"Are 18- to 34-year-olds too young to be nostalgic? Evidently not. Starting next Monday, TeenNick, part of the Nickelodeon family of cable channels for children, will start rebroadcasting old series from the 1990s that are considered classics by young adults. That’s right: classics from the 1990s."
I am surprised that the New York Timesfinds this surprising. My sophomore year of college, 1991, this guy I knew threw an '80s Party. Where people dressed up in '80s fashions and danced to '80s music. The early '80s held sway, apparently: pastel leg-warmers and off-the-shoulder Flashdance sweatshirts, Flock of Seagulls and Frankie Goes to Hollywood. I didn't go to [...]
Did you know you needed to hear a mashup of "Running Up That Hill" and "Sign o' the Times"? (Historians of the 80s will know, of course, that Kate Bush is Prince's "favorite woman," and will already have both their collaborations, "My Computer" and "Why Should I Love You?") (via, via)
Stephen Metcalf on Morrissey and the 80s: "I think the word that best captures the times is heartless, as evident in the stupid rictus of Sting's face, circa 1983, as it was in Margaret Thatcher's budget cuts. No wonder Morrissey's voice sounded so fresh, so slyly subversive. As much as he publicly avowed a hatred of Thatcher, culminating in 'Margaret at the Guillotine,' it was Thatcherism that made Morrissey. The Iron Lady represented a hardness of purpose, a pitilessness that would allow England once again to produce winners. But also, inevitably, losers. And here is the source of Morrissey's originality."
This was the day back in 1983 where if you were, say, an impressionable ten-year-old boy, you came home from school and watched "He-Man and the Masters of the Universe" and did your spelling homework had dinner with your family and then got ready for the broadcast of a TV movie people had been talking about for weeks, the warnings about how disturbing it was going to be only fueling your ten-year-old boy interest in what there had actually been discussions in school over whether or not it should be avoided. Then you sat down and watched what would happen to America if there were a nuclear holocaust. Even [...]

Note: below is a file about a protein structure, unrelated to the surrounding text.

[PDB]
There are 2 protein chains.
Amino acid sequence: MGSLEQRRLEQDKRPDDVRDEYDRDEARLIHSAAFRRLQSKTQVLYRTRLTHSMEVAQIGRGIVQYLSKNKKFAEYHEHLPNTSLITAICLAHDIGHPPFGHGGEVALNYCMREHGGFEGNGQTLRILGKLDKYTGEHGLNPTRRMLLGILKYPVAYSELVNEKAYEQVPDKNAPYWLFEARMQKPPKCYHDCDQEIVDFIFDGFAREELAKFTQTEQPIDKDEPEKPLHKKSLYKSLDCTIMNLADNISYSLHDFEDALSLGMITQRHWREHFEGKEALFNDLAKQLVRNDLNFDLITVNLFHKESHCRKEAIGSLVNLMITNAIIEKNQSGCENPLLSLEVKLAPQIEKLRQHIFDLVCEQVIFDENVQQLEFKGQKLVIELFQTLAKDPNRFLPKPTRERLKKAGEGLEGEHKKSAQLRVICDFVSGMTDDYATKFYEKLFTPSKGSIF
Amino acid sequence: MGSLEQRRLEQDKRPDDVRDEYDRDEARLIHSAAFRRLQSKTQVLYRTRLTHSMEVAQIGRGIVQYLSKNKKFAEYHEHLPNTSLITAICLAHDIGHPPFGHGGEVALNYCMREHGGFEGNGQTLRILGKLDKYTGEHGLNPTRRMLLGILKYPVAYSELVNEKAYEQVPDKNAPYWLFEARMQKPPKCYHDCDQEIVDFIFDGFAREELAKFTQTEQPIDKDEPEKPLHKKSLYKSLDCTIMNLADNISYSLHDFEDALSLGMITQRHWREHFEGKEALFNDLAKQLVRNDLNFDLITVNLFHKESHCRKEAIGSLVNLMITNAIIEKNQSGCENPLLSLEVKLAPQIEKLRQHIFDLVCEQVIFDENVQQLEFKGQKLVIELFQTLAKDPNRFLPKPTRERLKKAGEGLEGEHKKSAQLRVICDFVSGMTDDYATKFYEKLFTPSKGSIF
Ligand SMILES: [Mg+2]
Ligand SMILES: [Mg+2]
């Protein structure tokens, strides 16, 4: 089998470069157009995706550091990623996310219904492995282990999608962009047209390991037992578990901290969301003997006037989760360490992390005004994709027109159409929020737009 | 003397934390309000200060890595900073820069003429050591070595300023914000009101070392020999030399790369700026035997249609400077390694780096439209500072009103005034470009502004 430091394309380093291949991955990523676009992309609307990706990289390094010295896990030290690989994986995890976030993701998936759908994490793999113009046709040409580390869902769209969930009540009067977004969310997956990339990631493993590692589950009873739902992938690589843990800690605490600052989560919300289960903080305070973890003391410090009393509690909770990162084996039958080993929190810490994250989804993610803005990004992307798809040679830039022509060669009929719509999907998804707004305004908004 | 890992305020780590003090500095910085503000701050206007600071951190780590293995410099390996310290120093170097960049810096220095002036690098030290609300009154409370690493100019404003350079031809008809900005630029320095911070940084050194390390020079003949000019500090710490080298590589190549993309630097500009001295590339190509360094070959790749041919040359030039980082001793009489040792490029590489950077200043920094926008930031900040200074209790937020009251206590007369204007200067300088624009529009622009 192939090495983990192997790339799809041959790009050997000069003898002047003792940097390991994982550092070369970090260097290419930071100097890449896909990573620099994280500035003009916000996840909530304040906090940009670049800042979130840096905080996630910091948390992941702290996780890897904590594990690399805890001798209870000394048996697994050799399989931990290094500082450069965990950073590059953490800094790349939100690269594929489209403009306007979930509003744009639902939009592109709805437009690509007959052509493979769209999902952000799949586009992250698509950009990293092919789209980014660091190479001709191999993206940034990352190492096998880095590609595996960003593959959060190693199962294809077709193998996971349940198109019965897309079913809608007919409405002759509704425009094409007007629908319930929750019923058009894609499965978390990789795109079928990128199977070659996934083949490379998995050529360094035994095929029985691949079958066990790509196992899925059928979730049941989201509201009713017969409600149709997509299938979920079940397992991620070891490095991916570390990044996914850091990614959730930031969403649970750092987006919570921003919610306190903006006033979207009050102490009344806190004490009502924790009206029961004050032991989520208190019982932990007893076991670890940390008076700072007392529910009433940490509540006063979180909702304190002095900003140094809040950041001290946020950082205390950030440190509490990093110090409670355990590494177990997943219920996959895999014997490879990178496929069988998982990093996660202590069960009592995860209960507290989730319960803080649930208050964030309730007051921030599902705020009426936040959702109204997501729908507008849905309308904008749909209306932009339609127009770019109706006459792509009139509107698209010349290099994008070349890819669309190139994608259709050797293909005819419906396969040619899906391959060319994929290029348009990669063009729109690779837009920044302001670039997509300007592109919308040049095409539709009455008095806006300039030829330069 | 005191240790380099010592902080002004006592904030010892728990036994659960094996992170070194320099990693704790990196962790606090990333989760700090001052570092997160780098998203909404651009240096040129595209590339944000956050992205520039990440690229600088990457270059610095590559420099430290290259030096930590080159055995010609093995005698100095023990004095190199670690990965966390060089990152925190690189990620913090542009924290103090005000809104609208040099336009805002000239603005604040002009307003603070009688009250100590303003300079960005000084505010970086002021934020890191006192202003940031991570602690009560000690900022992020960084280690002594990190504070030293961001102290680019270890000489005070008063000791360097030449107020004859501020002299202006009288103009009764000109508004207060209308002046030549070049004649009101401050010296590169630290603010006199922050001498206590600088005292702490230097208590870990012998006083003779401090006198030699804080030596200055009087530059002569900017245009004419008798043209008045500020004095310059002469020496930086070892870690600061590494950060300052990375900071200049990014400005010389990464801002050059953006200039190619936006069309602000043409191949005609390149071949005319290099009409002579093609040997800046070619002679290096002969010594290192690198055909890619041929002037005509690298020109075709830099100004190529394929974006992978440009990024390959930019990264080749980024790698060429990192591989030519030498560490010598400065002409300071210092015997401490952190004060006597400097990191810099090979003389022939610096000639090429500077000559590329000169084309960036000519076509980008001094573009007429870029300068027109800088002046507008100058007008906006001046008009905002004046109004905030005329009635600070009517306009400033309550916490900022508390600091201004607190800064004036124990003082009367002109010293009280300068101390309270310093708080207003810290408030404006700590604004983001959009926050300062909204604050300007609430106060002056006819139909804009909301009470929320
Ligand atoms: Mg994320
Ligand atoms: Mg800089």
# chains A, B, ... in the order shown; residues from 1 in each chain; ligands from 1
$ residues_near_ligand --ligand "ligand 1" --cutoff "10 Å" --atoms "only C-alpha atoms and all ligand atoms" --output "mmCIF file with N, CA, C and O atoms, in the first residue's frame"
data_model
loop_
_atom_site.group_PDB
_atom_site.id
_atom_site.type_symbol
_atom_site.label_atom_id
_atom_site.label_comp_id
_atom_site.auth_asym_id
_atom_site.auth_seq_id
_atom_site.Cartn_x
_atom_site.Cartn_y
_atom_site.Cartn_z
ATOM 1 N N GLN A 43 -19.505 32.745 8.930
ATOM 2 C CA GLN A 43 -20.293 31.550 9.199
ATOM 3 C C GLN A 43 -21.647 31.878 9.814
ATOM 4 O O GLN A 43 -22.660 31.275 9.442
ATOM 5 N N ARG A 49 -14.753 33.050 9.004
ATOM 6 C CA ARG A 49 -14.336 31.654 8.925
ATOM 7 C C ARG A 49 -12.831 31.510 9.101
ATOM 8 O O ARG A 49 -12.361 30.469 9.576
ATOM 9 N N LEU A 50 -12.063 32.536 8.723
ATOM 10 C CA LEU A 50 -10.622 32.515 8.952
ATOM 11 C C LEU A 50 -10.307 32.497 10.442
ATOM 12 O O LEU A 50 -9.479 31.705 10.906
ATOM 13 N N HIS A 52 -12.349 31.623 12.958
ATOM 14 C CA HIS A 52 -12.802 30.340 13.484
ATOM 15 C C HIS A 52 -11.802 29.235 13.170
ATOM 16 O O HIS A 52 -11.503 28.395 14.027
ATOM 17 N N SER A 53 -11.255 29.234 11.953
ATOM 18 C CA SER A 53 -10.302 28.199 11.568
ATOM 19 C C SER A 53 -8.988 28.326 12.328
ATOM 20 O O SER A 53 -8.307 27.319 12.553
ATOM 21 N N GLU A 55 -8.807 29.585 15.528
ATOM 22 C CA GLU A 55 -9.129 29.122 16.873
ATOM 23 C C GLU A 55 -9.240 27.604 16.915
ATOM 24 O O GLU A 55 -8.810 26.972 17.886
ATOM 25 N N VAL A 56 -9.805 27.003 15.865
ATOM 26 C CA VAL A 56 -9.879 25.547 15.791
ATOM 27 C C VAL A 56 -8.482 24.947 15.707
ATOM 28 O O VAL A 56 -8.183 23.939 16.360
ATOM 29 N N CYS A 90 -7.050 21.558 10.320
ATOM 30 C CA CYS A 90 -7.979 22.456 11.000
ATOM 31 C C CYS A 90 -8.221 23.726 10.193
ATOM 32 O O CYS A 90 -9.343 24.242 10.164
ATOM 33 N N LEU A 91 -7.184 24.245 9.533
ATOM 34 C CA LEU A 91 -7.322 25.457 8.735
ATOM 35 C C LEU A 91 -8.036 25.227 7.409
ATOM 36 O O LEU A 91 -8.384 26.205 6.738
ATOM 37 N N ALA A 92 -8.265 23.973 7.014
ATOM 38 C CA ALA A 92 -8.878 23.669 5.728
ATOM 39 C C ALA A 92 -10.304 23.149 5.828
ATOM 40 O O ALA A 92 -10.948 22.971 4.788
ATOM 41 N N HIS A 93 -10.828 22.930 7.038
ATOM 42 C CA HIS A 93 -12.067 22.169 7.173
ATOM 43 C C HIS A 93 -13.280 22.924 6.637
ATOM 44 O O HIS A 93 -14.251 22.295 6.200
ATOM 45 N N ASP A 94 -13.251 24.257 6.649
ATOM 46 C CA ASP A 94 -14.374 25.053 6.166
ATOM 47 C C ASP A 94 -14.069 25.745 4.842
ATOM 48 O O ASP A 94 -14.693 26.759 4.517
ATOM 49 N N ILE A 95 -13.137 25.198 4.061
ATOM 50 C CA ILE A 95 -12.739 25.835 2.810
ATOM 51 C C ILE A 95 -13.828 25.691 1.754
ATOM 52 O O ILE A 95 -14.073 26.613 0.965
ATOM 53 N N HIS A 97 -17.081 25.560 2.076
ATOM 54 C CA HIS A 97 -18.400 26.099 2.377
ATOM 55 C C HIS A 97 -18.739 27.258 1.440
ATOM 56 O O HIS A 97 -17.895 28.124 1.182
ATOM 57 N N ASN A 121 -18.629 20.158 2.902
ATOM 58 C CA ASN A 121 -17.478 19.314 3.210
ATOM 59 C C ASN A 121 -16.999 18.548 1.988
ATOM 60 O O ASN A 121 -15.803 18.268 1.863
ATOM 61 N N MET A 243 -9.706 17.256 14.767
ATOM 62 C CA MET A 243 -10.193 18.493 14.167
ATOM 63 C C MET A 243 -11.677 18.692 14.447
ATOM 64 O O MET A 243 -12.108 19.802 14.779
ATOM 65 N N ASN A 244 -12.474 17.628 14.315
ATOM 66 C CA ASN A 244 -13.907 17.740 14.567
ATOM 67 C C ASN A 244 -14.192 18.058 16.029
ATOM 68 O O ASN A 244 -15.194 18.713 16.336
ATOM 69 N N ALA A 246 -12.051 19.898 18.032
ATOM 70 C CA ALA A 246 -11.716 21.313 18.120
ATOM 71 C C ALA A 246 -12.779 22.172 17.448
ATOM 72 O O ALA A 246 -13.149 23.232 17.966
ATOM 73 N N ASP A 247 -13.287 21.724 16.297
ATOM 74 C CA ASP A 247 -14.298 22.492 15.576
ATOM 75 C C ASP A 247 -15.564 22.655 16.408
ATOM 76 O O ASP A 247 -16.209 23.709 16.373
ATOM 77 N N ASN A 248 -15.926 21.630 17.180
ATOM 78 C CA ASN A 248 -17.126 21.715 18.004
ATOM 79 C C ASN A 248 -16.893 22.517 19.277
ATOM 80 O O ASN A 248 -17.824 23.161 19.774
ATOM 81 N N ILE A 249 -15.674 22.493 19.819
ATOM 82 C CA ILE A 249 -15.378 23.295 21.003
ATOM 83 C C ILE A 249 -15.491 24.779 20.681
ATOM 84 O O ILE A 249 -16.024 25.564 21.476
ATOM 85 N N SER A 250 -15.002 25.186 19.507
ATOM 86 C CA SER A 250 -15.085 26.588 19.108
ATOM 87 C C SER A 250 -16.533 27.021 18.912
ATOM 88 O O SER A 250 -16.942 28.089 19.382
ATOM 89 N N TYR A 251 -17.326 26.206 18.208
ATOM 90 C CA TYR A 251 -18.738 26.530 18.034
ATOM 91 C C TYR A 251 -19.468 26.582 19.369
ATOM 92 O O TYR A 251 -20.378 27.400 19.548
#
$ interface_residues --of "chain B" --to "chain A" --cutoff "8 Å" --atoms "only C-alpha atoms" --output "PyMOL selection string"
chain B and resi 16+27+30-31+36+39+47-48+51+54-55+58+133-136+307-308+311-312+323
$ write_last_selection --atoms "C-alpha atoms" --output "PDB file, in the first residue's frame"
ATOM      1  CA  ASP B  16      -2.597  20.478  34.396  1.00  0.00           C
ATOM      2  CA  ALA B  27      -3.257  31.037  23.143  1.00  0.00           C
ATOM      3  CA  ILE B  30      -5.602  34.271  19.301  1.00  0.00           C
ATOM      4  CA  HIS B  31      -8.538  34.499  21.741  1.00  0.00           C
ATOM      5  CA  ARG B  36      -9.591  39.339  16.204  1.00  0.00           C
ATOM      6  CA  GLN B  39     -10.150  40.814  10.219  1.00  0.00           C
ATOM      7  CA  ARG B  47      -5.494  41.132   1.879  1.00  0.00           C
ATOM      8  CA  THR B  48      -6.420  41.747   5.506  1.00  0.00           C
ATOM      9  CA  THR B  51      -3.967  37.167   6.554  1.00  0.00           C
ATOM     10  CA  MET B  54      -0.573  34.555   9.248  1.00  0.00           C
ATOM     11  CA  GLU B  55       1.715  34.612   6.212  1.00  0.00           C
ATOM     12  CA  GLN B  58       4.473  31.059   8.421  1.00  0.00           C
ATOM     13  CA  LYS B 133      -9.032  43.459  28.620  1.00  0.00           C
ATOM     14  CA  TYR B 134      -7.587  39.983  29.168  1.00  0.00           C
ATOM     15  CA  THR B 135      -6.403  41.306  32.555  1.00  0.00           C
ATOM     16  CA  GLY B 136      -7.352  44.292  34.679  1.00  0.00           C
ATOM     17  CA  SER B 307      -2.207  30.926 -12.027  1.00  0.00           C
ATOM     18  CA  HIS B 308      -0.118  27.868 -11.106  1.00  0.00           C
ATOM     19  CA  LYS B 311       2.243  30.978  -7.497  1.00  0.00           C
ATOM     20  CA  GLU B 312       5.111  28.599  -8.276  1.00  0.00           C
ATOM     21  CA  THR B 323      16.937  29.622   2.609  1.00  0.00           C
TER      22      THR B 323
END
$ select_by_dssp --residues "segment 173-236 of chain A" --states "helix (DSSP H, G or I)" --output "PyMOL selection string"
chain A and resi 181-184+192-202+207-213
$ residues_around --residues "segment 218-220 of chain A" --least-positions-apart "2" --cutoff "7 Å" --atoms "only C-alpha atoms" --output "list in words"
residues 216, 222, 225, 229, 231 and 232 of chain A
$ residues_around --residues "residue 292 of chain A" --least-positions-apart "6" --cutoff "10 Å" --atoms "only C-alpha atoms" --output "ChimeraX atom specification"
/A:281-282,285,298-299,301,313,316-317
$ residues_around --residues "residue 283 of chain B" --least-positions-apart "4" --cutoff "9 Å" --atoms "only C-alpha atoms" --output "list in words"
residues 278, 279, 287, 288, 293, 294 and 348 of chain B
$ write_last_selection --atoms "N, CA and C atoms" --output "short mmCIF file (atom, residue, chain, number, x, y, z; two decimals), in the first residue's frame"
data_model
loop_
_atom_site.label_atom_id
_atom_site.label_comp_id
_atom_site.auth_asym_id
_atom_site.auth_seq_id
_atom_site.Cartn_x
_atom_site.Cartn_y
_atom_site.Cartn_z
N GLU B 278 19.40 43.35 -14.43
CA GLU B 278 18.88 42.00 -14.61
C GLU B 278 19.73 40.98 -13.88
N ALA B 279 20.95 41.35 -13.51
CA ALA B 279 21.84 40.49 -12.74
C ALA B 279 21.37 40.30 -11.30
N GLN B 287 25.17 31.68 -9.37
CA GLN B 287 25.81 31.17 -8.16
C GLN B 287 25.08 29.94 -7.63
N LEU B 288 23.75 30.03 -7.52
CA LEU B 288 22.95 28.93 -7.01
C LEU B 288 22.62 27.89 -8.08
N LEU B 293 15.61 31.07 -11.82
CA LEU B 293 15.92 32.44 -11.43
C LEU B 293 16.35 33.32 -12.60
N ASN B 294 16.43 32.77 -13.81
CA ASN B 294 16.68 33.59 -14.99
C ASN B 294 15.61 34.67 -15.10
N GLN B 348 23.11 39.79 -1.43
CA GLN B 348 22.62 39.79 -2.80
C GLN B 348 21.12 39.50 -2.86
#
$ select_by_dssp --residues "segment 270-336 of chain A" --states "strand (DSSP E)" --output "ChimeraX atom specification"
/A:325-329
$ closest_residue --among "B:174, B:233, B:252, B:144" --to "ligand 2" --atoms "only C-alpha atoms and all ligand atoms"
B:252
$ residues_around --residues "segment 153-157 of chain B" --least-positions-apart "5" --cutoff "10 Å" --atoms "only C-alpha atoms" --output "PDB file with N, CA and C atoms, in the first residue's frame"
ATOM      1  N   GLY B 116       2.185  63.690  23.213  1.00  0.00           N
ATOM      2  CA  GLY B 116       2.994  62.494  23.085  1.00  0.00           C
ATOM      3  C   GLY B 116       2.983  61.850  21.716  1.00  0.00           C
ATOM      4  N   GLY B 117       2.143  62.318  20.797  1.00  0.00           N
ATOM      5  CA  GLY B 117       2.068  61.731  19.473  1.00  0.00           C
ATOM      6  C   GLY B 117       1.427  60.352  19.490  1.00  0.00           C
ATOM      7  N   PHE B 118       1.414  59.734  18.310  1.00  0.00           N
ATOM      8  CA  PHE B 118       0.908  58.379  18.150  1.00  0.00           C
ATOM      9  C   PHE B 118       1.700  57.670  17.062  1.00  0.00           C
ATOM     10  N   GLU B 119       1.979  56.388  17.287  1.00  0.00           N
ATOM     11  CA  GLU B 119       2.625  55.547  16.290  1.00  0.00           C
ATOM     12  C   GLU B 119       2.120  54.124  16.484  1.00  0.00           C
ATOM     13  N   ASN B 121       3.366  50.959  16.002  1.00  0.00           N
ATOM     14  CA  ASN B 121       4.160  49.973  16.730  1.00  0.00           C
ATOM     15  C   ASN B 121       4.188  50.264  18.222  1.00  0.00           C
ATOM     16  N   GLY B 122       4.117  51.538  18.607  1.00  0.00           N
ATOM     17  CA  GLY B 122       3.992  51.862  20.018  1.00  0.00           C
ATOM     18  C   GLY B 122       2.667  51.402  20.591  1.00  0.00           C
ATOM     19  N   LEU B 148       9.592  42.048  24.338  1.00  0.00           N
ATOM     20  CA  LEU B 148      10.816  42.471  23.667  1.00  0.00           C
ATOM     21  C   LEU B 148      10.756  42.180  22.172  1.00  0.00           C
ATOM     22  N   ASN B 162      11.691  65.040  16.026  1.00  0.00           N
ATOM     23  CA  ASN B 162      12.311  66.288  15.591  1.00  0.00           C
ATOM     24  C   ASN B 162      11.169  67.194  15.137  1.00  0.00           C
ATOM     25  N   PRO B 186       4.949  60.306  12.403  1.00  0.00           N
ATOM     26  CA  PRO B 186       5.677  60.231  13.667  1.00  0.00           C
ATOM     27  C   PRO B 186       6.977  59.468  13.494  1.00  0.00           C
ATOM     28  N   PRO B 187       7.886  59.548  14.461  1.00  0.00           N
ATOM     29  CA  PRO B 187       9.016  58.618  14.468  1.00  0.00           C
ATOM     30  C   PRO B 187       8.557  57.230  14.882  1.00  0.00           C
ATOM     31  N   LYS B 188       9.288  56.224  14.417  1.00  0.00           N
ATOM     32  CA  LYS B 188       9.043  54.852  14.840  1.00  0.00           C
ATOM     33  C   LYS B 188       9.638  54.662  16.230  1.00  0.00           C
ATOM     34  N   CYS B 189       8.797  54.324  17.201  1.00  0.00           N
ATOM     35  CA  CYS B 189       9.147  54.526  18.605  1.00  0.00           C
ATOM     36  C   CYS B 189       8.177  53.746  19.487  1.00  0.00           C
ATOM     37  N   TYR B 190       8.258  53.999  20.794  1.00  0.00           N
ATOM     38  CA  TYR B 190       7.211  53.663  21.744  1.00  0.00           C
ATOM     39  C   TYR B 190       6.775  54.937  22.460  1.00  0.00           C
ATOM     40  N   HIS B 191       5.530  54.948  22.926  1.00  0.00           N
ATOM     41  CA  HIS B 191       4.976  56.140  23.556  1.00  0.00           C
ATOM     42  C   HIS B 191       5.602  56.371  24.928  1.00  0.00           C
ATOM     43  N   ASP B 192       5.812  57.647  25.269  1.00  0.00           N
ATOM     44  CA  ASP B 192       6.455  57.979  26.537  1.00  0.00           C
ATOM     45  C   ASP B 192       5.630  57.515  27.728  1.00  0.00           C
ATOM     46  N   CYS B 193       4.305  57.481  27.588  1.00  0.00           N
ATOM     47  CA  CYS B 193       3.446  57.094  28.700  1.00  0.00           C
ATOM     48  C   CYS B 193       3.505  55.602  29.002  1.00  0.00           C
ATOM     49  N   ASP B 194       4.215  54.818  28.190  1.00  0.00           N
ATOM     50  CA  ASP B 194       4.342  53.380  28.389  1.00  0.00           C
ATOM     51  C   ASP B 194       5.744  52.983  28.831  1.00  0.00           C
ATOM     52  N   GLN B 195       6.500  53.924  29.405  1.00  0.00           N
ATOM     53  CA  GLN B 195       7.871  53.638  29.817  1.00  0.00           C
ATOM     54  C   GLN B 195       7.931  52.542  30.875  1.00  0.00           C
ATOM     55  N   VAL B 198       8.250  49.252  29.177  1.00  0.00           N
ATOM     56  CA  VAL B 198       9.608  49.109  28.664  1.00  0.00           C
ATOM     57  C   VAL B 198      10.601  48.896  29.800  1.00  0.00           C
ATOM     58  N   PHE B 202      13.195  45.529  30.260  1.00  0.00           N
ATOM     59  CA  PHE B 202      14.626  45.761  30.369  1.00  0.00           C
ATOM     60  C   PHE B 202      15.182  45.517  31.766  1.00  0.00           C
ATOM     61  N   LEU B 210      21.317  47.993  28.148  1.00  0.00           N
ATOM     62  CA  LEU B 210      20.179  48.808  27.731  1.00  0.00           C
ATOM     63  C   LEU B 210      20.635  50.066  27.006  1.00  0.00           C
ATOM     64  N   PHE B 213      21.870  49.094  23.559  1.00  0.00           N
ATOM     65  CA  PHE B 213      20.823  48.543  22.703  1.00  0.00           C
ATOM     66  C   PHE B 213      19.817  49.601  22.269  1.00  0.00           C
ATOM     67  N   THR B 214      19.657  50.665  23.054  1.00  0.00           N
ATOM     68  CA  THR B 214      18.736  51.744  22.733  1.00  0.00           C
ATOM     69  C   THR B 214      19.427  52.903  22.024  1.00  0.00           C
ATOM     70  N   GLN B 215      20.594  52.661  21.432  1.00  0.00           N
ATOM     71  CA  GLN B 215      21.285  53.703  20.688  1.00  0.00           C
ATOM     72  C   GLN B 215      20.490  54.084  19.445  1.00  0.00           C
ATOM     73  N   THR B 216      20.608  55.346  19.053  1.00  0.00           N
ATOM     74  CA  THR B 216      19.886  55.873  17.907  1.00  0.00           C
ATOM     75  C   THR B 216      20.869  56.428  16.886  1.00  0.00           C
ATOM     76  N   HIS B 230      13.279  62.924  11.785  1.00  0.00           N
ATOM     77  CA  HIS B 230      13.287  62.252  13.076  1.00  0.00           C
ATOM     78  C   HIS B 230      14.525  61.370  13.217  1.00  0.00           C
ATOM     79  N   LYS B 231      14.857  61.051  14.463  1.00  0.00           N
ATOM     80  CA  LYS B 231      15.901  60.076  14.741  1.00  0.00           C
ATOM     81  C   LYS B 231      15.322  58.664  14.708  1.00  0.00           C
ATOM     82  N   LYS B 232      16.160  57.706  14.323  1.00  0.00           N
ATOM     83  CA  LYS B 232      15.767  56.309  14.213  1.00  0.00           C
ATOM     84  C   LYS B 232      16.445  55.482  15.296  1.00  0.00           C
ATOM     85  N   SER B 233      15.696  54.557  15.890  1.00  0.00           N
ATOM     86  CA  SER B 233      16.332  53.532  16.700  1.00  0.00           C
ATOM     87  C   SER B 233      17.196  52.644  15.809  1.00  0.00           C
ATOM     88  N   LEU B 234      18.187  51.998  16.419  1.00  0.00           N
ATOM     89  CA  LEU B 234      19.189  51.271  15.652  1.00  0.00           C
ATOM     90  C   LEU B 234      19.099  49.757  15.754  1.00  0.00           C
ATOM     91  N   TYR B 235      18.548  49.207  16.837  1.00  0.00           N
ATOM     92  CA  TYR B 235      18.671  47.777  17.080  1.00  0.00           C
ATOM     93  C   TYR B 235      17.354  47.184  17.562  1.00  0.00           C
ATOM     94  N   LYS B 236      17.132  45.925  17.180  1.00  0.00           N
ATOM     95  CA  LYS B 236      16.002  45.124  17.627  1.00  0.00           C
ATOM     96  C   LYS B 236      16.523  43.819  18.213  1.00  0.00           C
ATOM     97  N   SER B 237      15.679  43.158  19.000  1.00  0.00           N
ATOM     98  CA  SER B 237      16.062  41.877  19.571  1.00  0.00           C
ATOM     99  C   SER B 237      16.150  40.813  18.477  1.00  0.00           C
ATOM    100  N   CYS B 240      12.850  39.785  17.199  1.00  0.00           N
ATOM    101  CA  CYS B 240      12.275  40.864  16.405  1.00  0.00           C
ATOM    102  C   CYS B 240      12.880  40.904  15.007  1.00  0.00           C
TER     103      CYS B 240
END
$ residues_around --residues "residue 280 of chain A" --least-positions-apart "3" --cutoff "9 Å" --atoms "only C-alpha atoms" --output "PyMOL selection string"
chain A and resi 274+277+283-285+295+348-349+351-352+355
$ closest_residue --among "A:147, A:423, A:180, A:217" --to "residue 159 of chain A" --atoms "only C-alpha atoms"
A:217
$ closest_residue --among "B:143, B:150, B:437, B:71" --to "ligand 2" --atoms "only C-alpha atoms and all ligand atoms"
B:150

Sarah Marshall: I'm not especially proud of any of the hobbies I used to waste my free time, but perhaps the most inexplicable is my fondness for watching compilations of old TV themes on YouTube. As a general rule, I love all sludgy runoff of pop culture past and present, and the themes to failed 80s TV shows provide its most potent concentration: the montages, the glittery synth music, the streetwise detectives running on the beach in tiny shorts. I vacillate between feeling ashamed of how many no-name actors I routinely recognize, and feeling that I'm spending my leisure time in exactly the right way.
Today is Nick Rhodes' 50th birthday. He's the youngest member of Duran Duran, so they, the pretty mascara-ed wild-boy new romantics, are all safely embarked on their 50s now. They remain pretty (and I'm not just being polite, they do), and Nick hasn't stopped wearing mascara and I hope he's pleased every day with all the new de-clumping formulas available, but still, it gives you vertigo. Do the jumpsuits still fit? Does John Taylor ever avoid invitations to go out so he can stay home and watch Veronica Mars? Does Simon LeBon say to friends at dinner, "Lately if I drink more than two glasses of red wine, I [...]
Rumors have circulated that Madonna, recording artist, will sing with M.I.A. at the Super Bowl. Nicki Minaj is also implicated. Both artists have had success, but can either bring back the monoculture? Leaving the fleeting sensation of a Lynn Hirschberg truffle-fry ambush aside, if M.I.A. were interviewed by Barbara Walters, who would care? Neither M.I.A., a self-consciously “edgy” singer of extraordinary gifts of curation, nor Nicki Minaj, a self-consciously outré rapper of extraordinary gifts full-stop, have cultivated personae beyond “hardworking,” “talented,” and (in M.I.A.’s case) “prone to ignorable political pronouncements.” It’ll be a good show, but no one should expect an iconic moment on par with Madonna heaving in a [...]
The sunny, retro stylings of critical darlings Best Coast have not totally grabbed me yet. Not that I particularly dislike them, but, for instance, I would enjoy this song more if it were a cover of Madonna's greatest ballad. But, interestingly, they're premiering their new video on the LOLcats mothership, I Can Haz Cheezburger (which yes, just raised $30 million). Here's the Madonna video.
So the new Peter Gabriel album, Scratch My Back, is sounding more and more intriguing. It's all cover songs, all orchestral arrangements, and two leaks, versions of Arcade Fire's "My Body is a Cage" and Bon Iver's "Flume," are both excellent.